CINCINNATIA very low risk of complication is associated with a routine test that determines whether a brain aneurysm treated with endovascular coiling has started to recur, a study led by the University of Cincinnati Neuroscience Institute has shown.
The multi-site, retrospective study, published in the November issue of Neurosurgery, found a complication rate of 0.43 percent in 2,243 patients who had undergone cerebral angiography three months or more following endovascular treatment of a brain aneurysm. Of the 12 complications that occurred, only one was both major and permanent.
"Our study shows that the use of routine testing with angiography following endovascular treatment of brain aneurysms carries a very low risk of complication," says Andrew Ringer, MD, the study's lead investigator and director of endovascular neurosurgery at UC. "Because the risk is small, routine angiography should not be viewed as a deterrent to endovascular treatment of aneurysms."
A brain aneurysm is a balloon-like bulge or weakening of an arterial wall. If the walls of an aneurysm become too thin, it can rupture, often causing brain damage or death. Approximately 27,000 individuals suffer a ruptured brain aneurysm in the United States each year, according to the National Institute of Neurological Disorders and Stroke. Primary risk factors include smoking, hypertension and alcohol and drug abuse.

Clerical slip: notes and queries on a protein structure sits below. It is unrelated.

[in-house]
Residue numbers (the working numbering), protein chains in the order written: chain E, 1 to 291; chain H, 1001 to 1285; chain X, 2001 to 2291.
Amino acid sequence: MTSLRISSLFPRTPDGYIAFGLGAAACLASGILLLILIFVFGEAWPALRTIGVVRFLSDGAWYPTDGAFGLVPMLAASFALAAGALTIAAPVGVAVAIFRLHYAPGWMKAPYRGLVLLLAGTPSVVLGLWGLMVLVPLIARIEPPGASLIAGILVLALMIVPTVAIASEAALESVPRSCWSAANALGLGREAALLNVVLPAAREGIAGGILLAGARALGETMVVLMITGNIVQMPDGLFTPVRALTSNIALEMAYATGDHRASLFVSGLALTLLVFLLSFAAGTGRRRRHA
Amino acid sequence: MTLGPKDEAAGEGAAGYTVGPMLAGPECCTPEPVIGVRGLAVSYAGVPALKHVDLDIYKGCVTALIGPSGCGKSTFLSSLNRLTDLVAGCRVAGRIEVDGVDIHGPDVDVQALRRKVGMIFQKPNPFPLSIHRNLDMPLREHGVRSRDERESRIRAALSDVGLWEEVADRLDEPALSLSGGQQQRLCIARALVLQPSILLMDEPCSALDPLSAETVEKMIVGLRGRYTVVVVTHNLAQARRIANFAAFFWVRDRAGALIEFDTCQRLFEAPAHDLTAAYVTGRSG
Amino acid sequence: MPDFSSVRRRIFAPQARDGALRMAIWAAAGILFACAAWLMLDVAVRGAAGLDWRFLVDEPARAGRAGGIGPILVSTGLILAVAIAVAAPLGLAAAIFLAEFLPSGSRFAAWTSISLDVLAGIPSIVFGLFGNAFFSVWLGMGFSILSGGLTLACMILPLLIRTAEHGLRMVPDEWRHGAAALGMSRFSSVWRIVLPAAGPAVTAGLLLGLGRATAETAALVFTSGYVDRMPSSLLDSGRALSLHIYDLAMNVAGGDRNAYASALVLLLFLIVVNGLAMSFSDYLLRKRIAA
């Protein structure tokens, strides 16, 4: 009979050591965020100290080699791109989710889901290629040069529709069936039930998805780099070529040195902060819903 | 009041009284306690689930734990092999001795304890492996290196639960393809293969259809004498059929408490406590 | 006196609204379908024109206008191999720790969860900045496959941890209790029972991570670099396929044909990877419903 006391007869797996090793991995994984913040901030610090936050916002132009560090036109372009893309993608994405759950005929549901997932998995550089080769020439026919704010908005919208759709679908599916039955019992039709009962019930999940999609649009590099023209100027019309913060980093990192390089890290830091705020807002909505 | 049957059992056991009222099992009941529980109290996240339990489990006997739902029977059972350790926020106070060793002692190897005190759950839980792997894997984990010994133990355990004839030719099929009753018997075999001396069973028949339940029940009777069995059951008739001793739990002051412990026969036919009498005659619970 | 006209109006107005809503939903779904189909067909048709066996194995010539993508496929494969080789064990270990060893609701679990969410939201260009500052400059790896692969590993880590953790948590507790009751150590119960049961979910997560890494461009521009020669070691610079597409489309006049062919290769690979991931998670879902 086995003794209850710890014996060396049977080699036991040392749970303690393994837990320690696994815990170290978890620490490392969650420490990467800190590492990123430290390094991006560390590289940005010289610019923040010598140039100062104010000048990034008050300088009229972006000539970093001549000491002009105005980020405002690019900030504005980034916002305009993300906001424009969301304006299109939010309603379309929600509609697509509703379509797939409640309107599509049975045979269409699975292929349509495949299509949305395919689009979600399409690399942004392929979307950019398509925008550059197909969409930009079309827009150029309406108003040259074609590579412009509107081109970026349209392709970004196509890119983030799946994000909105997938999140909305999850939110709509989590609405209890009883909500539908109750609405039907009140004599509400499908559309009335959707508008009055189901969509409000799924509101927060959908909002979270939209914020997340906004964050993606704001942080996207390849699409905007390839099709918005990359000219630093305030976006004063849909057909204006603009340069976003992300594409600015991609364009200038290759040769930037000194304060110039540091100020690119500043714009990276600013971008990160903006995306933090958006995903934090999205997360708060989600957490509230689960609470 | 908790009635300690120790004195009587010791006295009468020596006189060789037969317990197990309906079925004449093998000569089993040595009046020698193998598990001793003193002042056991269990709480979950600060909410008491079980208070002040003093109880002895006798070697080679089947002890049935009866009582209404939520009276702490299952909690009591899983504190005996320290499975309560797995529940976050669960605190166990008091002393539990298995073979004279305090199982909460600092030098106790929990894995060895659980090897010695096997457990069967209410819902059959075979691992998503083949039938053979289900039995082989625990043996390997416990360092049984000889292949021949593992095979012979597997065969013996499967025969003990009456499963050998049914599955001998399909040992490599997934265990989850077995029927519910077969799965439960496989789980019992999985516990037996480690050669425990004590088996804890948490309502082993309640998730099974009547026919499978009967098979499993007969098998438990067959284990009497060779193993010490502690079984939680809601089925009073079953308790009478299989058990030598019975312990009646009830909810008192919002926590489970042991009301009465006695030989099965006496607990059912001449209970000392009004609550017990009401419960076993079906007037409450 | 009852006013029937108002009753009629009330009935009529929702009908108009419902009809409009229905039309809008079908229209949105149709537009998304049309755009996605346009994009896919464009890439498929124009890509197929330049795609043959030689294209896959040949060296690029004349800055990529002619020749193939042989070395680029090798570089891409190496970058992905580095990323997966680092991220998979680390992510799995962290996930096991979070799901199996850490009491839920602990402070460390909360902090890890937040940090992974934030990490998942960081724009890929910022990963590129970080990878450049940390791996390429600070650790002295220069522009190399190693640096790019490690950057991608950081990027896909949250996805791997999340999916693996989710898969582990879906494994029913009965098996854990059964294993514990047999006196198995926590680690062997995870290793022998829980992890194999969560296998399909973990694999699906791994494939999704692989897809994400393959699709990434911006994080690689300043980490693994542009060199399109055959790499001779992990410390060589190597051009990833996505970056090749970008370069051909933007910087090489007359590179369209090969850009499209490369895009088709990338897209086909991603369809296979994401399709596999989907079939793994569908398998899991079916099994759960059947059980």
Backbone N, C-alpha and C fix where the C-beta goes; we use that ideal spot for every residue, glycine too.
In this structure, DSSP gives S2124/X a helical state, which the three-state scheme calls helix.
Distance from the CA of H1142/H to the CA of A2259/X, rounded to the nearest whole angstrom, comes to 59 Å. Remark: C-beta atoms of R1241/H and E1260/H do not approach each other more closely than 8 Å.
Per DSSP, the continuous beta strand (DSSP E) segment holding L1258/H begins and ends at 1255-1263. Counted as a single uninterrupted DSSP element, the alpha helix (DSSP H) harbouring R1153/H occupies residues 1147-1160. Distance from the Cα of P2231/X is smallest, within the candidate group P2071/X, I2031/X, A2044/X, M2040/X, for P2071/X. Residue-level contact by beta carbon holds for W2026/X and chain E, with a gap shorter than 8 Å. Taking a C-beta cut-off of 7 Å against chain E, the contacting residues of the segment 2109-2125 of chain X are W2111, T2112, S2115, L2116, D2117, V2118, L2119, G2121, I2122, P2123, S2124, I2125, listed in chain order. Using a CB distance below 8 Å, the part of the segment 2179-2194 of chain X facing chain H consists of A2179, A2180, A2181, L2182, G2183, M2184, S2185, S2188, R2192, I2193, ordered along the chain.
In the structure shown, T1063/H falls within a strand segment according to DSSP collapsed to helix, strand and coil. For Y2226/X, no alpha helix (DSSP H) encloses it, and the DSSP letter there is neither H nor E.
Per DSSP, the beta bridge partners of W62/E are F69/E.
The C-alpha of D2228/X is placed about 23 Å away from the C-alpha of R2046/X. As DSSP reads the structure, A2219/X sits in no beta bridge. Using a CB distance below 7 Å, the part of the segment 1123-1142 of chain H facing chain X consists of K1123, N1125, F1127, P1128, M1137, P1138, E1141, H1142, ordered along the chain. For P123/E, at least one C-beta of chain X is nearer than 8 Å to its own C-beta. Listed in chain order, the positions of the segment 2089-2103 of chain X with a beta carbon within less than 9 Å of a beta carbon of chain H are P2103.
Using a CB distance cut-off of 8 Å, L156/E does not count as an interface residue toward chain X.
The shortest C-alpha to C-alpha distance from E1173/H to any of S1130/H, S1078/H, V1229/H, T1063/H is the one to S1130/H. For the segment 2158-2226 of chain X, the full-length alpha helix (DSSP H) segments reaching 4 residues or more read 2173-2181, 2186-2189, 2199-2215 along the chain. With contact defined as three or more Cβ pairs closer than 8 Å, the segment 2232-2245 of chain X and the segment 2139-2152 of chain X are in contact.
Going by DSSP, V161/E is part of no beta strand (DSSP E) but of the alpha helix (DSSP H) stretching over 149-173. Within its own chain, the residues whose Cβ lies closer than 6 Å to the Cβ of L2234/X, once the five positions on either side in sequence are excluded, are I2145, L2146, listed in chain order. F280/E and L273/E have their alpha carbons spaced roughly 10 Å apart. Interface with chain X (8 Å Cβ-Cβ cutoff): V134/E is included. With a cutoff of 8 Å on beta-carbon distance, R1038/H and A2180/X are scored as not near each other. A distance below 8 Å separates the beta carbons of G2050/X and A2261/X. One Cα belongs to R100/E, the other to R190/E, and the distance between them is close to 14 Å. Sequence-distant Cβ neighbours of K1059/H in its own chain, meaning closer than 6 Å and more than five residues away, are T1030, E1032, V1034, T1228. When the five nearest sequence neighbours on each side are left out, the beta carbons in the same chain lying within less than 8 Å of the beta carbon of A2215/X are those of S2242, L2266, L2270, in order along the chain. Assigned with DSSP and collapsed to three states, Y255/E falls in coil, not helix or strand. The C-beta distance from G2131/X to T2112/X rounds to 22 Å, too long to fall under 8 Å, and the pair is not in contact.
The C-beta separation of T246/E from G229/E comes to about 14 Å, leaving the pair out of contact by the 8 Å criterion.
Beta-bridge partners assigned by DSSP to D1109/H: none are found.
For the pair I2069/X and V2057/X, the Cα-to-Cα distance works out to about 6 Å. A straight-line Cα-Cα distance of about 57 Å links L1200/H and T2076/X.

Specialists treat brain aneurysms in different ways. Some aneurysms are treated surgically through an opening in the skull or eyebrow. Neurosurgeons can place a clip on the aneurysm at its base, thereby blocking the blood flow into the aneurysm and preventing it from bleeding
If the aneurysm is not surgically accessible, endovascular specialists can reach it by threading a flexible catheter, which is capable of being steered, from the large femoral artery near the groin up to one of four arteries in the neck that lead to the brain. Us
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University of Cincinnati